What are the molecular classifications of beta thalassemia?
The molecular classifications of beta thalassemia can be loosely classified into
- Beta thalassemia trait which usually represents the inheritance of a single beta-thalassemia allele and the hemoglobin reduction is mild.
- Beta-thalassemia intermedia could involve homozygosity of compound heterozygosity for mild beta-thalassemia mutations or homozygosity or compound heterozygosity for severe mutations with the coinheritance of alpha thalassemia or heterocellular hereditary persistence of foetal hemoglobin (HPFH).
- Beta-thalassemia major usually represents the inheritance of homozygosity or compound heterozygosity for severe mutations.
What are the clinical features of beta-thalassemia?
The clinical features of beta thalassemia vary depending on the severity of the condition.
Thalassaemia trait carriers are typically asymptomatic with or without mild anemia. Clinically beta thalassemia trait individuals are asymptomatic and are only picked up through a routine blood test. The alpha/beta chain ratio is not affected much thus there are minimal haematologic abnormalities.
Phenotypically, beta-thalassemia intermedia falls in between relatively severe anemia to a clinically asymptomatic phenotype. Patients with a more severe phenotype usually manifest symptoms from 2 years to 6 years of age compared to those with thalassemia major who present within the first year. These patients are able to survive without regular blood transfusions or blood transfusions may be required at longer intervals although growth and development may be retarded. Clinical phenotypes of beta-thalassaemia intermedia are caused by the ineffective erythropoiesis, chronic anemia and iron overload.
Homozygosity or compound heterozygosity for severe mutations usually presents a thalassaemia major phenotype, however, coinheritance of alpha thalassemia or HPFH ameliorates the severity to an intermediate phenotype. Beta thalassemia intermedia patients are pale and have a slightly enlarged spleen as they grow older and moderate anemia presents around 1 – 2 years of age. A lower beta globin chain production will lead to excess unpaired alpha globin chains which precipitate to cause membrane damage in the erythroblasts. This leads to ineffective erythropoiesis and moderate anemia. Signs and symptoms of beta-thalassemia are highly variable depending on the various genetic modifiers involved.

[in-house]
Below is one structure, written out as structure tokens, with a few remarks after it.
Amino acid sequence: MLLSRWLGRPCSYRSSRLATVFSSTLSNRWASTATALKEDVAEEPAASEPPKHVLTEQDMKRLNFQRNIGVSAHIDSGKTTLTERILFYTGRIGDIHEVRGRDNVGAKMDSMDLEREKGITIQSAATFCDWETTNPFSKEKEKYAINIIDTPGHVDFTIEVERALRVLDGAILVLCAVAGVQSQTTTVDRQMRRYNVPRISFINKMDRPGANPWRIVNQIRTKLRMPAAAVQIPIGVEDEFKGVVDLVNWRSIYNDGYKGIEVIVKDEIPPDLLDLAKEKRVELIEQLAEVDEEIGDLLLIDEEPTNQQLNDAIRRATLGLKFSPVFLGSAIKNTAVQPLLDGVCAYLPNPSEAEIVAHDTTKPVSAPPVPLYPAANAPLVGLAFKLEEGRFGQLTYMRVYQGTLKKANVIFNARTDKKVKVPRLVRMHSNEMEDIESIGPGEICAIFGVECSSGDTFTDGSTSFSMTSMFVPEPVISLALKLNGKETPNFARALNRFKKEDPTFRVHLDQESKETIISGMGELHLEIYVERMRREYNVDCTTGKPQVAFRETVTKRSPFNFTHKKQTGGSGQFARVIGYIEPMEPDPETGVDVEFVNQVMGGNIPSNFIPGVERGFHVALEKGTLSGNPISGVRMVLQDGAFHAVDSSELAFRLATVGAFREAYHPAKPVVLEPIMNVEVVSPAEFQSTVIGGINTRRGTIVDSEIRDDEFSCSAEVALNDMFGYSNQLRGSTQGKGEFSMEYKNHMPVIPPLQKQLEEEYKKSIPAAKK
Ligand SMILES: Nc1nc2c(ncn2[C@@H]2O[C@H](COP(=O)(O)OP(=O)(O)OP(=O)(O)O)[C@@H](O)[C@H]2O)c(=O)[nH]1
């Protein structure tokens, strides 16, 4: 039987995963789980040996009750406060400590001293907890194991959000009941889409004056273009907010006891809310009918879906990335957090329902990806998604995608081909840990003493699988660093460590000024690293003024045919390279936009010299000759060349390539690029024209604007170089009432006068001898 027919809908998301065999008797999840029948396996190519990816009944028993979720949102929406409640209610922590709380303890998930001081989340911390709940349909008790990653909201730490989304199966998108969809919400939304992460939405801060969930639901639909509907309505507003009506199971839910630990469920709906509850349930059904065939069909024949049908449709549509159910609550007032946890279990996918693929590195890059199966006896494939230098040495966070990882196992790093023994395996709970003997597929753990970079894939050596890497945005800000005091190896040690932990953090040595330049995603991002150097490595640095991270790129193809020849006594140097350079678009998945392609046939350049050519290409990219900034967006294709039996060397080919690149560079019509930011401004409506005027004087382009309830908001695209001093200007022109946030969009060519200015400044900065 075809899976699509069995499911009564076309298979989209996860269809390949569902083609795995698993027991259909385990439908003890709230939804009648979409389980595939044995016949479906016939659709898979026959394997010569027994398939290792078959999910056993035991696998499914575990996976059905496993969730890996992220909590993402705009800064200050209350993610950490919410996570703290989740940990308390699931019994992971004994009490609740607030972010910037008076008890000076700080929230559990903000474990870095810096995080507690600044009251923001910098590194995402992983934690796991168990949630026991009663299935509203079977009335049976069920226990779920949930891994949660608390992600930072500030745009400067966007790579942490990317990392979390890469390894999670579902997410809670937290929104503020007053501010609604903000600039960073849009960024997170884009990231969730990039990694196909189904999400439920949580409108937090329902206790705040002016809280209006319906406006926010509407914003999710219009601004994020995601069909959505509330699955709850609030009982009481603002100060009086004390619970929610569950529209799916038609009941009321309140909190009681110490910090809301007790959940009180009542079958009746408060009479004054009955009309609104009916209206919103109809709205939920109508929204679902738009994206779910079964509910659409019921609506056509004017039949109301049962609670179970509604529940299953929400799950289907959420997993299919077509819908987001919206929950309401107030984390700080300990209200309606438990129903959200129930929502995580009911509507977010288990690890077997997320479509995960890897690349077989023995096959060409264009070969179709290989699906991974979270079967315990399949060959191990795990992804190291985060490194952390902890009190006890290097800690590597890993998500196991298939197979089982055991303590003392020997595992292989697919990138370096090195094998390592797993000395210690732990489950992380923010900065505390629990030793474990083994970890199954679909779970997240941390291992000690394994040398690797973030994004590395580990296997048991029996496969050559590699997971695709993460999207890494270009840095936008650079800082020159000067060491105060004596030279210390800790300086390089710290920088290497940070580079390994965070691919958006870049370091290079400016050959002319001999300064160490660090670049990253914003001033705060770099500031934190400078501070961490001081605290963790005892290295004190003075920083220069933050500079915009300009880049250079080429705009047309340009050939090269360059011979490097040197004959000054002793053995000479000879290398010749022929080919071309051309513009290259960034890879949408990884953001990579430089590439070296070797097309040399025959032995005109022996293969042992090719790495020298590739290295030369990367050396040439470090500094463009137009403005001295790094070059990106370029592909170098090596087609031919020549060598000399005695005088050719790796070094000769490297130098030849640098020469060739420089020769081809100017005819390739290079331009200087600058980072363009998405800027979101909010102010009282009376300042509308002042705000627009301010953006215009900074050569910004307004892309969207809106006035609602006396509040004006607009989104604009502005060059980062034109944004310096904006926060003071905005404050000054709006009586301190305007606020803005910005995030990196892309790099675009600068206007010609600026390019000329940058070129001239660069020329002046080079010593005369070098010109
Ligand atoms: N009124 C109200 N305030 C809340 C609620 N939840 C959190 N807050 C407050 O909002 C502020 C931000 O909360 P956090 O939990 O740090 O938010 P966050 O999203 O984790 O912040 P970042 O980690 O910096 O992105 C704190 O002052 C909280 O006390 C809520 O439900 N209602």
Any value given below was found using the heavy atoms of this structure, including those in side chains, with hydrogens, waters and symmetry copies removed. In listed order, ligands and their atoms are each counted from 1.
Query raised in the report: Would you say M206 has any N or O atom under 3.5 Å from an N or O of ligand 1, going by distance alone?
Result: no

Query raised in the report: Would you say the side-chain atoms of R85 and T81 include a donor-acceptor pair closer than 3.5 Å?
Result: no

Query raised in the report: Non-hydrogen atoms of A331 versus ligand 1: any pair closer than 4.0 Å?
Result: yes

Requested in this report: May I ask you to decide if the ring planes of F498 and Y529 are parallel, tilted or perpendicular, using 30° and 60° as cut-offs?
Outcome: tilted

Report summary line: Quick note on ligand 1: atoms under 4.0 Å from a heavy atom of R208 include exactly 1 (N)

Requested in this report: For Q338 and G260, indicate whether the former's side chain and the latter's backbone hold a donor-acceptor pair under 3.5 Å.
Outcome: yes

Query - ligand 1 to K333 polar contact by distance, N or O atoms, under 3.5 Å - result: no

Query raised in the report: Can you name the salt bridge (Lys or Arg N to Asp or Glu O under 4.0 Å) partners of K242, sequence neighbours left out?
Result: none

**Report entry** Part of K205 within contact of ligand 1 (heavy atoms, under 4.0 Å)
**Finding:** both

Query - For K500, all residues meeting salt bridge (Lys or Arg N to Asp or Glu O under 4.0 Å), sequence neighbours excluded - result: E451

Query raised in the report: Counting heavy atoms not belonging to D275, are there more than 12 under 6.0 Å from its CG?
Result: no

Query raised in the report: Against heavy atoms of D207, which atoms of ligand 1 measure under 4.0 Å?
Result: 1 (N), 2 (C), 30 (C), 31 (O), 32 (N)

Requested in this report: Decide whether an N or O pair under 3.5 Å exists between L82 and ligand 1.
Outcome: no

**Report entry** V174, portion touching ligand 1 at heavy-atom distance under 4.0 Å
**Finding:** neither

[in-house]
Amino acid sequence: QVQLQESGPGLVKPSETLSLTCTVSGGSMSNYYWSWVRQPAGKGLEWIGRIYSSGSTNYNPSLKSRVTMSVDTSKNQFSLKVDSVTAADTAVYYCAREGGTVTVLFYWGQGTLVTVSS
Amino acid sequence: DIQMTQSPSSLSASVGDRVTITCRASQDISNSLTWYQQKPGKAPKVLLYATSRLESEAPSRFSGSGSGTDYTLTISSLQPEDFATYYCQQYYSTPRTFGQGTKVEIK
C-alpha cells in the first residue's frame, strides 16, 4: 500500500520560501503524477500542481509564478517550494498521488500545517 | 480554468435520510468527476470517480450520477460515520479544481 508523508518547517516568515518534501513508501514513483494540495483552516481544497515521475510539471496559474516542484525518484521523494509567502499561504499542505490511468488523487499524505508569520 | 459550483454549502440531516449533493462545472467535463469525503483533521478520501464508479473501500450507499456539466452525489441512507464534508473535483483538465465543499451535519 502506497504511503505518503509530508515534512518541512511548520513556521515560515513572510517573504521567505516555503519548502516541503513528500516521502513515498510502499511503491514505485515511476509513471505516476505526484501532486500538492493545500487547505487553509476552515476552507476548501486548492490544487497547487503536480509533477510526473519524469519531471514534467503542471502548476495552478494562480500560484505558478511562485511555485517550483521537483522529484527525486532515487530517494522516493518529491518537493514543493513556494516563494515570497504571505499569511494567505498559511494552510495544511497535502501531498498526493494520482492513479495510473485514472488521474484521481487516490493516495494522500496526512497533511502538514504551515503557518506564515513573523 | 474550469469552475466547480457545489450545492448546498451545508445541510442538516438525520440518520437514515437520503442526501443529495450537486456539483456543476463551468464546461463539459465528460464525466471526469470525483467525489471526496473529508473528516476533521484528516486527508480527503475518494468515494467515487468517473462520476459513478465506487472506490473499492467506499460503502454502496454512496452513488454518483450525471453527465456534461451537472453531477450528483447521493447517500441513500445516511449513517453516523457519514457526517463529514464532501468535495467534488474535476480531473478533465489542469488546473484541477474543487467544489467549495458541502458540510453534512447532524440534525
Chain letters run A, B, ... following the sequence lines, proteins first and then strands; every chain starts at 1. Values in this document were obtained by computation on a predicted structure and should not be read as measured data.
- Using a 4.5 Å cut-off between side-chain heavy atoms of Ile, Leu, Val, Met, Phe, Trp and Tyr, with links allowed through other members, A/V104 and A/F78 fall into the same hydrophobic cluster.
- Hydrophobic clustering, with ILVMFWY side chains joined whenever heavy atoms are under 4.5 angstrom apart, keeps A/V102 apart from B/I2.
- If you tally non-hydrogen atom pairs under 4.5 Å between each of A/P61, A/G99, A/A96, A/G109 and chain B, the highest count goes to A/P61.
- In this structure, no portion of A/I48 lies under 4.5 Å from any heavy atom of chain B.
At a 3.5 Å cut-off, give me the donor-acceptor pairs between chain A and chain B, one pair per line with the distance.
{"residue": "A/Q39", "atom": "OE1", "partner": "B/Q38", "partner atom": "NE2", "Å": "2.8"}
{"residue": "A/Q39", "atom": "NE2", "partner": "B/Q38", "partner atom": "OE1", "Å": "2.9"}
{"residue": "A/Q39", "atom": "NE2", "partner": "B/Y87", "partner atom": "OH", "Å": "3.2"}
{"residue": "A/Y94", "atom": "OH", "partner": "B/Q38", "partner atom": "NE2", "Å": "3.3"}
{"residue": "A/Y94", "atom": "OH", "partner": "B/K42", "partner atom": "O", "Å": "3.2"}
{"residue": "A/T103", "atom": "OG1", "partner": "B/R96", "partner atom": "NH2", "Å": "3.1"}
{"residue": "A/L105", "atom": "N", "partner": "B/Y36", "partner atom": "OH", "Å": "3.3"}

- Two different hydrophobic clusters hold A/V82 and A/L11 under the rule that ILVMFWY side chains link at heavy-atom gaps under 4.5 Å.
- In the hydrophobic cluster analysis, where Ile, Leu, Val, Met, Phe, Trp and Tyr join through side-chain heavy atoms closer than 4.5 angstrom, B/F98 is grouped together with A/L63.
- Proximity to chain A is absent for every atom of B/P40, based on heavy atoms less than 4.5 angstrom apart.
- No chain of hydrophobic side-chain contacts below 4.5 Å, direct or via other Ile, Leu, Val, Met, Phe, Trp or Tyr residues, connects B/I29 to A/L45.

Thalassemia major refers to the severe end of the clinical spectrum and these patients are severely anemic and dependent on regular blood transfusion for survival. Beta thalassemia major patients usually present with lethargy and anaemia around 6 months of age. Children fail to thrive with intercurrent infections, hepatosplenomegaly, frontal bossing, thal facies i.e. chipmunk face and features of iron overload if not treated quickly. Without treatment, children usually die within the first decade of life. With the absence of beta globin chain production, the excess alpha globin chains will cause ineffective erythropoiesis and extravascular hemolysis in the reticuloendothelial system. Severe anemia will lead to increased medullary and extramedullary hematopoiesis.
Are there any complications related to beta-thalassemia?
The hallmark of beta-thalassemia is ineffective erythropoiesis where 10 -15% of the erythroblasts dies in the bone marrow prematurely. This leads to anemia, bone marrow expansion and extramedullary erythropoiesis.
Complications related to ineffective erythropoiesis include bone pain and fractures and hepatosplenomegaly. The high red cell turnover rate predisposes to gallstone formation. Iron overload due to increased GIT iron absorption for erythropoiesis and iron from transfused blood leads to iron deposition in visceral organs which causes heart failure, growth retardation and even delayed sexual maturity.